History and traditions of the Maoris of the West Coast, North Island of New Zealand, prior to 1840
Death of Ahiweka.—Raparapa, and tu-poki
Death of Ahiweka.—Raparapa, and tu-poki.
It was at the end of the eighteenth and the first twenty years of the nineteenth century that flourished the Ngati-Tama hero, Raparapa and his almost equally famous elder brother Tu-poki, both mentioned in the ngeri above. Their home was Te Kawau pa. They were the leading chiefs of Ngati-Tama in those days, and their war-like deeds are sung of to this day. Rangi-pito, whom I shall have very frequently to quote in what follows, says of Raparapa, "He was a comparatively small, spare man, but very active, and strong in the limb, with small muscular calves; he was a great toa or brave, who, with his valiant brother Tu-poki and their tribe, had often hurled back the élite of the northern tribes from their rock-bound home at Pou-tama." Another account of the same man obtained from Wi Ari by Mr. W. H. Skinner is, "He was a man below the medium height, not heavily built, but his joints were of phenomenal size (? double jointed). He was possessed of enormous muscular strength and great activity, and above all was a toa (warrior)."
Mr. Skinner adds, "As showing Raparapa's great strength and activity, he, on one occasion, rushed down from the Kawau pa and dashing into the rear of a retreating taua of the enemy on the beach below, seized a full-grown warrior" (named Ahi-weka) "by the tatua or belt, and throwing him over his shoulder, ran back with him to the base of the cliff, and then unaided bore his prisoner up the steep face by the way that has been described to the summit of the pa, where he was despatched at leisure." This was a feat of no ordinary strength. I have no means of fixing the exact date of this event, but it was about the year 1800. Wiremu Nero Te Awaitaia* says the tribes that formed this large war-party were Waikato, Ngati-Haua, Ngati-Mania-poto, even some of Ngati-Paoa and Ngati-Maru of the Thames Gulf, and a few of Nga-Puhi from the north. They mustered a thousand warriors and were met by an equal number of Ngati-Tama (and, as Te Awa-i-taia page 258says, some of Ngati-Hāua of Whanganui). A battle was fought on the Pou-tama beach and the allies defeated, who then returned to their homes without much satisfaction for the death of Tai-porutu, which was the object of this great taua. Te Awa-i-taia says the Whanganui chief Tangi was killed in this battle.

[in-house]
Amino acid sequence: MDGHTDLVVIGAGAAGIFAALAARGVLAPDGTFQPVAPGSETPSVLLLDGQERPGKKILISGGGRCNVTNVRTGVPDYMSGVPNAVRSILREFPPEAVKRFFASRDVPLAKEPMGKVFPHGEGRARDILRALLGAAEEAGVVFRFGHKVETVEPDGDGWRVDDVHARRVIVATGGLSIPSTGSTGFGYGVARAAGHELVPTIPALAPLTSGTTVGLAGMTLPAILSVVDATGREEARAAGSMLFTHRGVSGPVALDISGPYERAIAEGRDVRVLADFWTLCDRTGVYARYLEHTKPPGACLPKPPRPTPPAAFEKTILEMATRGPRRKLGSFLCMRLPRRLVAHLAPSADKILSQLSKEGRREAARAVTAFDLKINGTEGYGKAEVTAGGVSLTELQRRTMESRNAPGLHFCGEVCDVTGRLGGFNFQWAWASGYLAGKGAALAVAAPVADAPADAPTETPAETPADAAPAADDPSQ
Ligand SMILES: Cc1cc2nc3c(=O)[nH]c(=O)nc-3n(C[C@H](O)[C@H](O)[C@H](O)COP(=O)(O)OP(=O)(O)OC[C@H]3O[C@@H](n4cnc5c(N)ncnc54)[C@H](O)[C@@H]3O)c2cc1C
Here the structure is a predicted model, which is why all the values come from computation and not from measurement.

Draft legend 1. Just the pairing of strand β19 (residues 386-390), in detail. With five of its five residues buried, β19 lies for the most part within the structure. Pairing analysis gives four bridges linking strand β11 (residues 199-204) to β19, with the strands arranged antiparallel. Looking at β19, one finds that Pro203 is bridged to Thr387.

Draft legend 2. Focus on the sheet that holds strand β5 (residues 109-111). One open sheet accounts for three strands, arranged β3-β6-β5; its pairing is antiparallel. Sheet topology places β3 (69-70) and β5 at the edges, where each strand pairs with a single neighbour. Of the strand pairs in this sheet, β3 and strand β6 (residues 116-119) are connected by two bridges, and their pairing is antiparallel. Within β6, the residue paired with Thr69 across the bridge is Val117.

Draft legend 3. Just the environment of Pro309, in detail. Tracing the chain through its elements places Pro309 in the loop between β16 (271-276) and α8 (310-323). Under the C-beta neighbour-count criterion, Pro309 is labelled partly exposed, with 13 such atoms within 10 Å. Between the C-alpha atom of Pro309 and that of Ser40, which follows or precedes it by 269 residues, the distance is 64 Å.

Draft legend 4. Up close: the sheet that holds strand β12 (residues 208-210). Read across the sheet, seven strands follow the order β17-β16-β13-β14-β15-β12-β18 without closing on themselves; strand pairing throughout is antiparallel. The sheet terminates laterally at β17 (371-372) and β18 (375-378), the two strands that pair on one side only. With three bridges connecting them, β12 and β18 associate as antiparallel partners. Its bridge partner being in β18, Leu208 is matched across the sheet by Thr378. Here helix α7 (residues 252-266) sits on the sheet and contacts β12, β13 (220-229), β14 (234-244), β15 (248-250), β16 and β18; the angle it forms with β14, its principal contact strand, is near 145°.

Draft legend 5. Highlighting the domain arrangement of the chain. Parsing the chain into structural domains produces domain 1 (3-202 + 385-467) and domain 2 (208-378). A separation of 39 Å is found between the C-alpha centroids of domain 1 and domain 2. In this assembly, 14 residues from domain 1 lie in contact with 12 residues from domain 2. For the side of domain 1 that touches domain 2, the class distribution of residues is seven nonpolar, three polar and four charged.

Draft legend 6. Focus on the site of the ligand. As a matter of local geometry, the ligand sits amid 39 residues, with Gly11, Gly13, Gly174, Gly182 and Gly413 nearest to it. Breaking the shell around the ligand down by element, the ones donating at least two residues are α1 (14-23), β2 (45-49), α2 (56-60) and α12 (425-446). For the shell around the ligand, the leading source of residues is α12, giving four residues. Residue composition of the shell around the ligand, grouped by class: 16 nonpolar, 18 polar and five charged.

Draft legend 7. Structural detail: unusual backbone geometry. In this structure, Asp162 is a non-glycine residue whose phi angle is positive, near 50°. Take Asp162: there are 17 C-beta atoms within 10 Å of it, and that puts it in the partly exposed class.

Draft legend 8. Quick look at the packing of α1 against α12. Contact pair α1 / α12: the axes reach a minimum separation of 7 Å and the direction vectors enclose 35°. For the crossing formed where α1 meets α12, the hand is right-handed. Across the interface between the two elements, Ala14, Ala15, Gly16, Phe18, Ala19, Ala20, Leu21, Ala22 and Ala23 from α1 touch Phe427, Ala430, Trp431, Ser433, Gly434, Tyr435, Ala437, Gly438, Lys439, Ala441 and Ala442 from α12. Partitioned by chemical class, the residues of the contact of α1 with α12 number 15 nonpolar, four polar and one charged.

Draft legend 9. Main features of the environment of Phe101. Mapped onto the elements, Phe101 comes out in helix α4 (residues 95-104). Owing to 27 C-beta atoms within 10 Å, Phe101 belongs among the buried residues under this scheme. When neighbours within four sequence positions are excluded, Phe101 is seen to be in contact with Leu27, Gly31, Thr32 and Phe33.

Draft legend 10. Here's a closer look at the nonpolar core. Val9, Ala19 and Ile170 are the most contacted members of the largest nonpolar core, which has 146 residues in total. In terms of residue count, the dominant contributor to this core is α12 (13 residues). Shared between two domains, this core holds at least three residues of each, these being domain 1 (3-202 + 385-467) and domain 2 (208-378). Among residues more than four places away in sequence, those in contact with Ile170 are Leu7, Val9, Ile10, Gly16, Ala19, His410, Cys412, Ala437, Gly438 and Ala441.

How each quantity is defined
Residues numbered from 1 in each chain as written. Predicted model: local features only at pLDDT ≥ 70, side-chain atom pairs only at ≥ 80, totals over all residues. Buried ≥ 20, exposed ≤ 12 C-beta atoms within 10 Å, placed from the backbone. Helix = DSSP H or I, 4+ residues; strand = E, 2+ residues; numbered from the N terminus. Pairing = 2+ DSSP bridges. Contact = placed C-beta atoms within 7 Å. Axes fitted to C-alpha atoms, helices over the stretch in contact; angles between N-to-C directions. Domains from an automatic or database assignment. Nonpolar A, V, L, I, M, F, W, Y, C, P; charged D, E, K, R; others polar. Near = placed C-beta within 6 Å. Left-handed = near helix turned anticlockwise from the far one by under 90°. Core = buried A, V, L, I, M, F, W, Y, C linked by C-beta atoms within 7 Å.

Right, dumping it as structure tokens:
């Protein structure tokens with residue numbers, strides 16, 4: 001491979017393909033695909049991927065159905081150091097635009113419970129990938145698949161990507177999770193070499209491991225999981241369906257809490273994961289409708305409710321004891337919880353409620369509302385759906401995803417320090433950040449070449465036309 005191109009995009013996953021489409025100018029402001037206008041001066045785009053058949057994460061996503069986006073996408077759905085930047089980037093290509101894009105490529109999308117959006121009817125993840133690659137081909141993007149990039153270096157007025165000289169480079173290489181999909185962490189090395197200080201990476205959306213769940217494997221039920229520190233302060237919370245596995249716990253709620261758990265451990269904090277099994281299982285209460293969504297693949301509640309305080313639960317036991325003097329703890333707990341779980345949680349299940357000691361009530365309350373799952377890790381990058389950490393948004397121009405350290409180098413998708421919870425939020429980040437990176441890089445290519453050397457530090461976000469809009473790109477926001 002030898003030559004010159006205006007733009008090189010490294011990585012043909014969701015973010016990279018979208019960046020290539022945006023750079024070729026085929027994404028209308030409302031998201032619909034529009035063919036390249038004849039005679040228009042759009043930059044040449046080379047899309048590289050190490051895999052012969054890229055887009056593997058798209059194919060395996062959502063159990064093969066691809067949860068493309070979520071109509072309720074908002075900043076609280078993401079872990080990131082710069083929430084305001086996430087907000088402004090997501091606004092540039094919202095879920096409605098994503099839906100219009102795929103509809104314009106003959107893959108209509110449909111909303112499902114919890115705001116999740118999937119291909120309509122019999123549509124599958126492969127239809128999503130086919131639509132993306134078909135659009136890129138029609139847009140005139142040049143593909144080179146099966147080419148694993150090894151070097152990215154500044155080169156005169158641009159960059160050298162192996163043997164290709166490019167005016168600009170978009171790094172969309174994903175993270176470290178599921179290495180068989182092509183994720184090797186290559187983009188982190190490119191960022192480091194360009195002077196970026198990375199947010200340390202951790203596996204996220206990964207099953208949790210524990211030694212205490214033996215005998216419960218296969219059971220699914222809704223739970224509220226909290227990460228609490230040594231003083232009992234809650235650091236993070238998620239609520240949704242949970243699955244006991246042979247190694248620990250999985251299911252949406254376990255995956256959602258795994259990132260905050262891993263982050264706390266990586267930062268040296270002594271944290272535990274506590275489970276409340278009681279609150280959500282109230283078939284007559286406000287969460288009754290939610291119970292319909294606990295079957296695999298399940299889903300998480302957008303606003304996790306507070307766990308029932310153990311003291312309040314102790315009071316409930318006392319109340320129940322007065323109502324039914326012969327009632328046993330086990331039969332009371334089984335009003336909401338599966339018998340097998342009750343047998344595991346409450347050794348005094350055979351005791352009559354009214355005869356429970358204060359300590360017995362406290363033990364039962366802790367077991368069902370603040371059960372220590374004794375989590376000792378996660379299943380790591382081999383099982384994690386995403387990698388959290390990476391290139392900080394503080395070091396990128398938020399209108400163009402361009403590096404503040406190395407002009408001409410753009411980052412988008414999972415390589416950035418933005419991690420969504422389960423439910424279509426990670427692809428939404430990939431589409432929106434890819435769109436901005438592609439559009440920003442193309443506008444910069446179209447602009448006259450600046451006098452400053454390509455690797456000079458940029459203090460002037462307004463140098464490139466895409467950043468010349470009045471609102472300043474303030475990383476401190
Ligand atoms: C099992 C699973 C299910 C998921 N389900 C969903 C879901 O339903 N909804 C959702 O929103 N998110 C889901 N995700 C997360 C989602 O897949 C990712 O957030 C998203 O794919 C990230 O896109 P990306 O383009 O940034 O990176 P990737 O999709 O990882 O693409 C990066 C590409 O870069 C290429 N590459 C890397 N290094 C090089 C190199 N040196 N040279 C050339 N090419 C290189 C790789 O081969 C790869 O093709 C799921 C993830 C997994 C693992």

The same Maori writer says that, "There was the great expedition of Te Waharoa, Pohepohe, Tu-te-rangi-pouri, and all Ngati-Mania-poto when Poroaki and his party were slain at Pou-tama by Ngati-Awa"—which preceded the above; but I am unable to place it—probably it was either in the same or preceding year as that in which Ahiweka was captured (i.e., in 1800). It was in one of these expeditions that Maunga-tautari, a great chief of Ngati-Haua, was slain.
Mr. Skinner says, "Tu-poki, the younger brother of Raparapa, is described as a man of great size and strength, but slower in his actions than his brother." We shall come across these two men again in the course of this narrative.
* "Ancient History of the Maori," Vol. 6, p. 2.